One of the most frustrating aspects of living with the effects of brain injury is trying to get other people to understand how they are feeling and how much they are impacted by cognitive, physical, emotional and behavioural effects.
Click to learn more about:
- Cognitive effects of brain injury
- Physical effects of brain injury
- Emotional effects of brain injury
- Behavioural effects of brain injury
You may not be familiar with brain injury or how the person wants to speak about it. Therefore, the things you say could be hurtful. The only way you will know how to talk about brain injury appropriately and respectfully is to talk to your friend or family member and use available education resources. Create an atmosphere of open communication and dialogue with your friend or family member. Knowledge leads to understanding and even though it can be frustrating, confusing and takes patience, it is important.
Here are some examples of what not to say to someone with a brain injury.
- “When will you get better? “
- No one wants to live with memory loss, fatigue, pain, or any of the other effects of brain injury. Survivors want to get as well as possible as quickly as possible – but recovery does not happen overnight. It takes a long time, a lot of patience, and a lot of dedication to rehabilitation. It is important for families and friends to recognize this process. Your friend or family member is continually recovering and adapting to their brain injury. Let them know you are there to support them however they need and ask them how you can help them. Keep the dialogue going over time, as things may change for the person. Symptoms can come and go and there may be times when they are doing well, and times when they will have setbacks. Be their cheerleader through it all.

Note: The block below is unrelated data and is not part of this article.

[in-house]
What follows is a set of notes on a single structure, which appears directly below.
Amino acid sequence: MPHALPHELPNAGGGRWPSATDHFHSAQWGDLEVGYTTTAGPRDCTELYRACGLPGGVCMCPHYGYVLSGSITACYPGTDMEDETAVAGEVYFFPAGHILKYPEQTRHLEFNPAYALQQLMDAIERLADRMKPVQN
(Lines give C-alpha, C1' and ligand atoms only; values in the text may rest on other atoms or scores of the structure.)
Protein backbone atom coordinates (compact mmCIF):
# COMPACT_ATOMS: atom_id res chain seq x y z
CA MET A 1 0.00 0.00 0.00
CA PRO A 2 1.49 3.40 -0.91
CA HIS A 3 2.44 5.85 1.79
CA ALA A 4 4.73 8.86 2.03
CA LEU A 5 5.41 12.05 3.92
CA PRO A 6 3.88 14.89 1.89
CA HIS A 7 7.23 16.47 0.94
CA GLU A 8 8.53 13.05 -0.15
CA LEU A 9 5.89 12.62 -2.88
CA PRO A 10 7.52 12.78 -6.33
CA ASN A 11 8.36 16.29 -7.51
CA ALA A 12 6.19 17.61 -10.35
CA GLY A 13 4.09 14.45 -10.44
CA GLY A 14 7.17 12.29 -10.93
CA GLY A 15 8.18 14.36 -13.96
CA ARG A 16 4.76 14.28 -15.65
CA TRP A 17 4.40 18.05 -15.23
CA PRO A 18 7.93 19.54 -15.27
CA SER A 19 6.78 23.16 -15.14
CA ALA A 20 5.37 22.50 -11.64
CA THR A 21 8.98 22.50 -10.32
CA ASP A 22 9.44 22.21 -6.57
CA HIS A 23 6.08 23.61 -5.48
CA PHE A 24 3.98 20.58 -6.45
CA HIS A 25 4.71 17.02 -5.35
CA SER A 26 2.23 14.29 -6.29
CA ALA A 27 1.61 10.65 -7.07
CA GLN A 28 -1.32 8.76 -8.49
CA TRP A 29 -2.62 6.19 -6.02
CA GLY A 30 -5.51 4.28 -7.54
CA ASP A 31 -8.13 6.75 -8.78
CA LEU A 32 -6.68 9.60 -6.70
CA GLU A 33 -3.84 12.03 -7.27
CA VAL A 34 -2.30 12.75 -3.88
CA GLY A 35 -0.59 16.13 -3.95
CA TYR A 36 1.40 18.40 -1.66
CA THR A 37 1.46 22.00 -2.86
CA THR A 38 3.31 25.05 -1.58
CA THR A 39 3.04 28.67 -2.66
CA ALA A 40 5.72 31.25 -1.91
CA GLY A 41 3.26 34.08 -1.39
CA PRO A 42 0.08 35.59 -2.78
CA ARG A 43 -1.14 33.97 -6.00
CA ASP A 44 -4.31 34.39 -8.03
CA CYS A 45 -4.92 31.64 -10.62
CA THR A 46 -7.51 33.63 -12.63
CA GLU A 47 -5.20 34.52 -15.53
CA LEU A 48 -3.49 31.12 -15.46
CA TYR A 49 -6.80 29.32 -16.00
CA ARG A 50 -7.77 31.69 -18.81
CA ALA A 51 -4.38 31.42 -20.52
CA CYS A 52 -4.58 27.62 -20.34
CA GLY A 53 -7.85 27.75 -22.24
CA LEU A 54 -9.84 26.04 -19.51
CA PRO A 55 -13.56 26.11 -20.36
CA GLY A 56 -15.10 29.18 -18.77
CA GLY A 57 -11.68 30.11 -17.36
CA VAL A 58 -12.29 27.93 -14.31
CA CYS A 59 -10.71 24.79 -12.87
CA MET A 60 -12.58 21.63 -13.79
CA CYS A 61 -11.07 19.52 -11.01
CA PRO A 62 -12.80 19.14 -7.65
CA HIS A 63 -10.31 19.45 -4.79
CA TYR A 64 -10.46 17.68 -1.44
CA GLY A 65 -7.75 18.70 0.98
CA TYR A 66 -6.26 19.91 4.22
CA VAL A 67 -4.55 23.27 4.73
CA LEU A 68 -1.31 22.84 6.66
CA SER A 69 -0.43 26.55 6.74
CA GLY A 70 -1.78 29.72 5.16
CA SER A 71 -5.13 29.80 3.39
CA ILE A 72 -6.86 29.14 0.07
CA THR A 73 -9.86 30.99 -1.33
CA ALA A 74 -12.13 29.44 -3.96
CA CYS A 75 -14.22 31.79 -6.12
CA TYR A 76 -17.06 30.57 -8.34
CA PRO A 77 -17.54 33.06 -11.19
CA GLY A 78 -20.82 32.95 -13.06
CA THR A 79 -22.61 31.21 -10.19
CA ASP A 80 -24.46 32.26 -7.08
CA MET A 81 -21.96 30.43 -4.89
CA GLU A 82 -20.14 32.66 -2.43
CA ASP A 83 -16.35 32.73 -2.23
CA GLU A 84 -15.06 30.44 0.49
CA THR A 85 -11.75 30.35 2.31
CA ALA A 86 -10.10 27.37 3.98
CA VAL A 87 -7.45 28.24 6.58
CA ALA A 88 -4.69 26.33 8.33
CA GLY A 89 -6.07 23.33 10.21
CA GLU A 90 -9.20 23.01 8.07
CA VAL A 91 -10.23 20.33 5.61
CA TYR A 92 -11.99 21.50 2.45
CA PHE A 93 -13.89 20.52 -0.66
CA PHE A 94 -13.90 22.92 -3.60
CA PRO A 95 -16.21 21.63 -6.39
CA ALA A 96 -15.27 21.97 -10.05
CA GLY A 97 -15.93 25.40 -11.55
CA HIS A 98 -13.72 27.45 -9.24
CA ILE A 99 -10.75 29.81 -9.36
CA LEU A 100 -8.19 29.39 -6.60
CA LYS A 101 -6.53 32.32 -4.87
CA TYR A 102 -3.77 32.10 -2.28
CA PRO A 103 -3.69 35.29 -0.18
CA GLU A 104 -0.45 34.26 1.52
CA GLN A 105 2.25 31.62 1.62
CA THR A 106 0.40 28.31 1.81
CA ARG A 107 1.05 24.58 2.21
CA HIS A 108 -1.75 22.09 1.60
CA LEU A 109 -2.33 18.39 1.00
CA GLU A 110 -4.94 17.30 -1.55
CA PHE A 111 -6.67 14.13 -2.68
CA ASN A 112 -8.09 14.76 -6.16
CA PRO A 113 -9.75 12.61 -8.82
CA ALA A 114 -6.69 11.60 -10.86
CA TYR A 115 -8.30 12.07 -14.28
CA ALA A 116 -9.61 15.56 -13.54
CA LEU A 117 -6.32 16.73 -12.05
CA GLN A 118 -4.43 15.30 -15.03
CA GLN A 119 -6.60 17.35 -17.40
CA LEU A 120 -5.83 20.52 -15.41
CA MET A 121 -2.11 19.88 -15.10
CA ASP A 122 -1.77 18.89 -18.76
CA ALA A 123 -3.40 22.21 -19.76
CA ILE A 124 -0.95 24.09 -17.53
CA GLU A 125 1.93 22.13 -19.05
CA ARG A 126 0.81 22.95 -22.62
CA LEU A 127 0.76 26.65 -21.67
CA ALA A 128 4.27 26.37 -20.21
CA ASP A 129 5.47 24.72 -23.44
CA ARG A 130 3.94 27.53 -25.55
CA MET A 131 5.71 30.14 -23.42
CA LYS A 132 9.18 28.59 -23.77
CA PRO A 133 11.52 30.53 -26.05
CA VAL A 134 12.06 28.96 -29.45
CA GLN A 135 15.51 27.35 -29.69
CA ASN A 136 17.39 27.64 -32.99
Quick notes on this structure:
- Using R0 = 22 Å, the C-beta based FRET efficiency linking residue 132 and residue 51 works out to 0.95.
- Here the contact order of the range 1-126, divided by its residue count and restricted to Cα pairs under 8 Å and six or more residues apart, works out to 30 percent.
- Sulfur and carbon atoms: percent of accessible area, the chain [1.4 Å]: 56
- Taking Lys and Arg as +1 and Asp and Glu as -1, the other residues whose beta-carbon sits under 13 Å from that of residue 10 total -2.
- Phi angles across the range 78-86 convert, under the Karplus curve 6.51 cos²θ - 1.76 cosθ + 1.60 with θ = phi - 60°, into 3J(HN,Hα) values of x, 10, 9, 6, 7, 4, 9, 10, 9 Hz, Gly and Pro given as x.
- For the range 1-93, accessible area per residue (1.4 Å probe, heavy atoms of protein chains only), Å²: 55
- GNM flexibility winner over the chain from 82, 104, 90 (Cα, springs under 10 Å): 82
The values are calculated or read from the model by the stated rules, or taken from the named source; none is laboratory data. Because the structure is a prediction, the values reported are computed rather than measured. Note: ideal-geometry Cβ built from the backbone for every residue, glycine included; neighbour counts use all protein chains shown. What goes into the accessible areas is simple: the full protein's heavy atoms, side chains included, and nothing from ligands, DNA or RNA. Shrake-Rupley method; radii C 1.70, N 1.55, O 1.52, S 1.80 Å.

- “Glad to see you are back to your normal self “